As President Donald Trump put his signature to the new United State-Mexico-Canada Agreement (USMCA), his Labor Department was announcing a new grant program to help Mexico improve its labor practices as the new trade treaty requires.
The U.S. Department of Labor said it will provide up to $27.2 million for effective enforcement of Mexico’s labor laws, and addressing child labor and forced labor in its supply chains. The grants also will support implementation of Mexico’s historic labor reforms, which were passed in 2019 in compliance with its commitments under the USMCA labor chapter and annex on collective bargaining.
“The department is committed to vigorously enforcing the labor obligations in our trade agreements,” said Deputy Undersecretary for International Affairs Martha E. Newton. “These grants help us to ensure a fair playing field for U.S. workers and to safeguard the dignity of work at home and abroad.”
To assist Mexico in fulfilling its USMCA labor commitments, grant activities will focus on implementing critical labor justice reforms to strengthen enforcement of labor laws, including by training the labor inspectorate and supporting the new Federal Center for Conciliation and Labor Registration, as well as developing the technical capacity of these institutions.
The grants will also help the Mexican government implement USMCA-related reforms to establish more democratic and transparent processes for collective bargaining and union representation, including secret ballot voting for leaders, representation challenges and collective bargaining agreements. In addition, the department’s assistance will seek to improve government protection of workers’ rights and implementation of labor reform in the Mexican automobile supply chain.
Many of the projects will focus on building the capacity of the Mexican government to effectively enforce and administer its labor laws. They will include efforts targeting the agriculture sector, a key sector in Mexico’s trade relationship with the United States. Verité will work towards improving compliance with labor laws related to child labor, forced labor, occupational safety and health, and other working conditions in the sugarcane and tobacco sector in Jalisco and Nayarit. In Oaxaca and Veracruz, World Vision will focus on preparing vulnerable women and girls for the future of work in the sugarcane and coffee sectors through skills training and improved access to labor rights protections.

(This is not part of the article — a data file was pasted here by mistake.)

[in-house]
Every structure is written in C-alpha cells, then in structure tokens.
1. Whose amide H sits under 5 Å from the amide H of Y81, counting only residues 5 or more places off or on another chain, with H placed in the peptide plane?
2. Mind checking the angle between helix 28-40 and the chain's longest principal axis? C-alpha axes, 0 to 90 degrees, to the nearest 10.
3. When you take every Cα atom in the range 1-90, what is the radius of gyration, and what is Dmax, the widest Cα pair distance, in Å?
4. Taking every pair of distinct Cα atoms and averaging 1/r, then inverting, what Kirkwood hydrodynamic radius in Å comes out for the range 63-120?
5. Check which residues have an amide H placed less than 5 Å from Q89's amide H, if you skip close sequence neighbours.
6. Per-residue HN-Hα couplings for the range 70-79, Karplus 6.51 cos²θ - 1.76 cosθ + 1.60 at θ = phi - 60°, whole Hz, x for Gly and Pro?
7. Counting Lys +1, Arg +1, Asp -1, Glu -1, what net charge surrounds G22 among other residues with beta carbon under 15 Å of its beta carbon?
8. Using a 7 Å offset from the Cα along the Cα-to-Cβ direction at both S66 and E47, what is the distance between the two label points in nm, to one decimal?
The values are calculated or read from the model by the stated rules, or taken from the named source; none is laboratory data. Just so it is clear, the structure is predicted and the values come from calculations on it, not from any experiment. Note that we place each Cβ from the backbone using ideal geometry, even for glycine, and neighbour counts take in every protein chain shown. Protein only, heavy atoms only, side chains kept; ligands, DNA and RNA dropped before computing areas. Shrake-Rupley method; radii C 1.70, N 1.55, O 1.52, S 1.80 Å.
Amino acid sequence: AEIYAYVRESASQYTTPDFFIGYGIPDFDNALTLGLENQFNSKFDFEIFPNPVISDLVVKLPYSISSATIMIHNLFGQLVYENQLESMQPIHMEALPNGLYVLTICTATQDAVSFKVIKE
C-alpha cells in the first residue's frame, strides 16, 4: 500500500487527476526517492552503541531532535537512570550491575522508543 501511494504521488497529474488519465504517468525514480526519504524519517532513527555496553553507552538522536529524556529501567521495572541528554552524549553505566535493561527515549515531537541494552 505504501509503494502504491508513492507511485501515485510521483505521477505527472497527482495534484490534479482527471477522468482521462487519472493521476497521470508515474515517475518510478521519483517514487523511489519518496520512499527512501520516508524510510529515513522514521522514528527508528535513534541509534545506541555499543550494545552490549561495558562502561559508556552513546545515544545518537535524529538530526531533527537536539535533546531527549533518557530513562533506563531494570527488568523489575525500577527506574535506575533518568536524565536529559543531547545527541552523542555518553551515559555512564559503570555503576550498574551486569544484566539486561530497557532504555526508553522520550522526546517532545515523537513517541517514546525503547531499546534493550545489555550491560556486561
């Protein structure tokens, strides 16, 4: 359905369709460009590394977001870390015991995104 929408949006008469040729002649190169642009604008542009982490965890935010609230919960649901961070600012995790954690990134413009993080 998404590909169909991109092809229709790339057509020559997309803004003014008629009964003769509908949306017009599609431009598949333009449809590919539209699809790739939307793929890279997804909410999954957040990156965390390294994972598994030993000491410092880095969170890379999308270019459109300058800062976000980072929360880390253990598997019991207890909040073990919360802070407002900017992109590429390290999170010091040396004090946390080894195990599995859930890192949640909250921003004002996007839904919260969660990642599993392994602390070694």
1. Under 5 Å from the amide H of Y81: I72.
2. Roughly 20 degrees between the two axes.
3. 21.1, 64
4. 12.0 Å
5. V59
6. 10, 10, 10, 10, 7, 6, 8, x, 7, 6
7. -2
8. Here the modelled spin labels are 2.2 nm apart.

Further, to help the Mexican government plan more impactful and targeted child labor policies, the programming will support implementation of a national child labor survey that will provide the Mexican government with important information about the prevalence of this abusive practice and where it is occurring.
The department’s child labor programs are intended to contribute to a reduction of child labor in Mexico’s supply chains, including in the production of agricultural goods traded with the United States, in an effort to promote the dignity of work and make trade fair between the two nations.
The grants will be made available through the Bureau of International Labor Affairs, whose mission is to promote a fair global playing field for workers in the United States and around the world by enforcing trade commitments, strengthening labor standards and combating international child labor, forced labor and human trafficking. For more information about the department’s work on these issues, visit http://www.dol.gov/agencies/ilab.